Tip: You can use this sample disclosure on your site.

  • Opt-out form on the privacy policy page: Add an opt-out mechanism to your website so that people could opt out of data collection. For that, you can use our opt-out form or a consent form in Consent Manager.

    Note: Make sure that Respect opt-out and DNT is turned on for each tag connected to third-party tools that profit off of user data, for example, Google Ads, Facebook Ads, data management platforms, and other ad platforms. Also, some free services that you use on your website, like social share buttons, may monetize data from sites where they are embedded.

  • Form for deleting data on the privacy policy page: Add a form that will allow people to delete their data. You need to verify the identity of a person who requests user data. For that, you can use a form for data subject requests in Consent Manager that is linked to a panel for managing data subject requests.
  • Link reading “Do Not Sell My Personal Information” on your website: Add this link, preferably as a pop-up or bottom banner displayed for first-time visitors from California. The link should work with the mechanism that opts out of data collection. For that, you can use our custom code with a link to an opt-out form on the privacy policy page.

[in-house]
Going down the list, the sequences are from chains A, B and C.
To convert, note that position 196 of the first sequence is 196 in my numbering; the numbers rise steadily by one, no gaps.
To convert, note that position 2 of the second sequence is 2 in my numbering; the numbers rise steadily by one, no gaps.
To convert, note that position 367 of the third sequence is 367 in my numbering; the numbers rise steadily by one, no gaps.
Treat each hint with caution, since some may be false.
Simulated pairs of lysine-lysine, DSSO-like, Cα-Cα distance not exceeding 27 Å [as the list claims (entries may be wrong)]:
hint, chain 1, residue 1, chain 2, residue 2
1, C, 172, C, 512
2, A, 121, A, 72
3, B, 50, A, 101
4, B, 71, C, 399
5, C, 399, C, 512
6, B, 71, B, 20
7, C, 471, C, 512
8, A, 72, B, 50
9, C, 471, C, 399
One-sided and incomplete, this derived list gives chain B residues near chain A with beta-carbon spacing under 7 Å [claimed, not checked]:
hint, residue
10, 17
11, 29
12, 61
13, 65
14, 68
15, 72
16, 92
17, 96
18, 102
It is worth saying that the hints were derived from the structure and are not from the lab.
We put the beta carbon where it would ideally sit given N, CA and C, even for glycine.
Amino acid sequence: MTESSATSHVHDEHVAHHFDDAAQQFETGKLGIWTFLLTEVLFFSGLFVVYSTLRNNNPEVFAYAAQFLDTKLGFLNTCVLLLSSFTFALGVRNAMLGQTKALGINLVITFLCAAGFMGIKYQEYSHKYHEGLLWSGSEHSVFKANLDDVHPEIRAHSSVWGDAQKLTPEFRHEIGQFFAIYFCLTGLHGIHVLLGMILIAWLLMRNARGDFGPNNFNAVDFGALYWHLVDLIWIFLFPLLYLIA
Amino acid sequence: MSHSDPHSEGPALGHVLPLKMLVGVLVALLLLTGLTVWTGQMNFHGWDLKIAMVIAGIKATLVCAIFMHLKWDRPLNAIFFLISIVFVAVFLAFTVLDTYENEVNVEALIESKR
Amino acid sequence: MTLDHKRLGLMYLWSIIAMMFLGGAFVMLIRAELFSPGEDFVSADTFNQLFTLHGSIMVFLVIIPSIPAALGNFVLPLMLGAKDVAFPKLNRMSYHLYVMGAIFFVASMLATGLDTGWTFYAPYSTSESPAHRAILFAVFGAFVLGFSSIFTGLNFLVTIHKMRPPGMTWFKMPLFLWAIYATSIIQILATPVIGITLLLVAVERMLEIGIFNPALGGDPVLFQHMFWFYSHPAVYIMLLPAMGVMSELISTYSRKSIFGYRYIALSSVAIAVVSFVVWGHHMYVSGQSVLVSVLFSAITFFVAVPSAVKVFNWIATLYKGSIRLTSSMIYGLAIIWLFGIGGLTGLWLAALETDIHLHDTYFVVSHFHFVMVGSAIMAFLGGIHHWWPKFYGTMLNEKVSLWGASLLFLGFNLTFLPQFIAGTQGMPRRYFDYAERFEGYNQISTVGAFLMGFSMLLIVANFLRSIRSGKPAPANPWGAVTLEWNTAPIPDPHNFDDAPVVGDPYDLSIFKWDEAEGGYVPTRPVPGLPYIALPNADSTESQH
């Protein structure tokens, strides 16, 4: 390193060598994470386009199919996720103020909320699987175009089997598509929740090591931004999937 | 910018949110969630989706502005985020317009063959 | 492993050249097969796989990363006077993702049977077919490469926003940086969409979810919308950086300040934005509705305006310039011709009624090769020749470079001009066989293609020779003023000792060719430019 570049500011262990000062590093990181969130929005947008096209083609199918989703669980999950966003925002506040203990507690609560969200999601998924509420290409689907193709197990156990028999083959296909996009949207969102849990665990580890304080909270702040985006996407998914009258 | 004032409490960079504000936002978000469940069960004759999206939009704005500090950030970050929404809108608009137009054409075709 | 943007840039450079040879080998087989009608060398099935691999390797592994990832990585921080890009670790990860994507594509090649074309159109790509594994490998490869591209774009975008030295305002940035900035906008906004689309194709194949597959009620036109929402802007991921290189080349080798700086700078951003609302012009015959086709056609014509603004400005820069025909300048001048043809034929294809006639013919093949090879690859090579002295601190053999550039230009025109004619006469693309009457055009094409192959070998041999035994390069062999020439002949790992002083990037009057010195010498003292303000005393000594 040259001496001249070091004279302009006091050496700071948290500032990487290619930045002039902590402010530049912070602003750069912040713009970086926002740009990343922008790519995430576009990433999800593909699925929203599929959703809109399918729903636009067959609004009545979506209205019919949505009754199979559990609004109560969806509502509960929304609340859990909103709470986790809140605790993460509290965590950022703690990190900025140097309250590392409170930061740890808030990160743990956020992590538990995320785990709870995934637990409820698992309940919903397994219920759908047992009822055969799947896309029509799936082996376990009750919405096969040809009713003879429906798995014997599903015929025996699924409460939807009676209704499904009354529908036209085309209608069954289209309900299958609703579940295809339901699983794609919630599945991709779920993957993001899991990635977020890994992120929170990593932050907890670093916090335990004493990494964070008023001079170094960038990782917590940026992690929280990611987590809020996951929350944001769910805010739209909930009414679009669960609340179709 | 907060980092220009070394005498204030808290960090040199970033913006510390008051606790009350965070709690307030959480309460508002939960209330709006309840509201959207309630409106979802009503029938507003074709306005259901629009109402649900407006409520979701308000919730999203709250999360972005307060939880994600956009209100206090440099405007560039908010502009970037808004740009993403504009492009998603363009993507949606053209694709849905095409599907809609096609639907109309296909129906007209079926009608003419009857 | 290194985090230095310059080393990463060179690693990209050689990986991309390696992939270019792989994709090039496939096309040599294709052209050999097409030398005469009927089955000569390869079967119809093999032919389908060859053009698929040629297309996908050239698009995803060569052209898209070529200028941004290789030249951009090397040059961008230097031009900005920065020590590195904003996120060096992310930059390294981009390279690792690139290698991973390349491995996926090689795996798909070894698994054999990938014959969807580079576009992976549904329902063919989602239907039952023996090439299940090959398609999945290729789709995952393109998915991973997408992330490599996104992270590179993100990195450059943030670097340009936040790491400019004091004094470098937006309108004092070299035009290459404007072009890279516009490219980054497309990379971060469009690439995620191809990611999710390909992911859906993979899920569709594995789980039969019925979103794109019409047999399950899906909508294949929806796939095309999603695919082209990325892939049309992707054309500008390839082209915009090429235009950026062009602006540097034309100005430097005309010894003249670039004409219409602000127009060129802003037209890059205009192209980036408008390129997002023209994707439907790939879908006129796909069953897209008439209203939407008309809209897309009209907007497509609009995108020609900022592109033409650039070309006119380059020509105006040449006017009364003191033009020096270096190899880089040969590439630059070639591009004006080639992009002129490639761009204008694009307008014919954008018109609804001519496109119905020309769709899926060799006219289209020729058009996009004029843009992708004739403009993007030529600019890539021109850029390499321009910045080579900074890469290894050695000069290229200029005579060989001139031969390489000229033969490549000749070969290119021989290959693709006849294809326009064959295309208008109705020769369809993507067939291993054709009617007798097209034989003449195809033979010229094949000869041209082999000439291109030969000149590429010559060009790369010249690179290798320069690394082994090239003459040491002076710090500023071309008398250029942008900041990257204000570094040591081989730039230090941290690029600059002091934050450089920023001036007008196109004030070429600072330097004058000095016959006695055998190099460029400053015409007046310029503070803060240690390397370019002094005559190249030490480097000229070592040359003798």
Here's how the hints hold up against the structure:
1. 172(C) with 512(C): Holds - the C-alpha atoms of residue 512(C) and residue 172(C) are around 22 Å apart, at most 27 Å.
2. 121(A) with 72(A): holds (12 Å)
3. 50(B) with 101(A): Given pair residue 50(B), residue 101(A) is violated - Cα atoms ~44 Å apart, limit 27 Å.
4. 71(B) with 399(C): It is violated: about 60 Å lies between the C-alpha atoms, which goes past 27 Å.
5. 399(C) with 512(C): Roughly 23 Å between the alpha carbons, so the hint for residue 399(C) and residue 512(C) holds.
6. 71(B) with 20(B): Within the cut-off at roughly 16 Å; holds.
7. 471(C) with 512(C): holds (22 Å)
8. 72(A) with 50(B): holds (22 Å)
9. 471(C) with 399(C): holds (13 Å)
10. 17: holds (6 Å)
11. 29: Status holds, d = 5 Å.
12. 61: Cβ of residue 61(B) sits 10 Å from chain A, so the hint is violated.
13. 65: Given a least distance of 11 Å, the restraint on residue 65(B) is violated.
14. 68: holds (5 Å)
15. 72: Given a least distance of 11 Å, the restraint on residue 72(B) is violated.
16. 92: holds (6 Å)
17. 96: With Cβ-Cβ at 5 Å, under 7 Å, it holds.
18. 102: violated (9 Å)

• Access to personal information via two methods: Tell visitors where they can find a privacy policy page and CCPA compliance, and how they can contact you to exercise their rights. You must provide at least a toll-free phone number and online contact details.
  • Additionally, if your website has minors under the age of 16 among its users, they need to consent to data collection if data are sold or disclosed to third parties. If the minor is under the age of 13, a parent or legal guardian must opt in for him.  For that, you can use a modal or bottom consent form in Consent Manager.

Personal information according to CCPA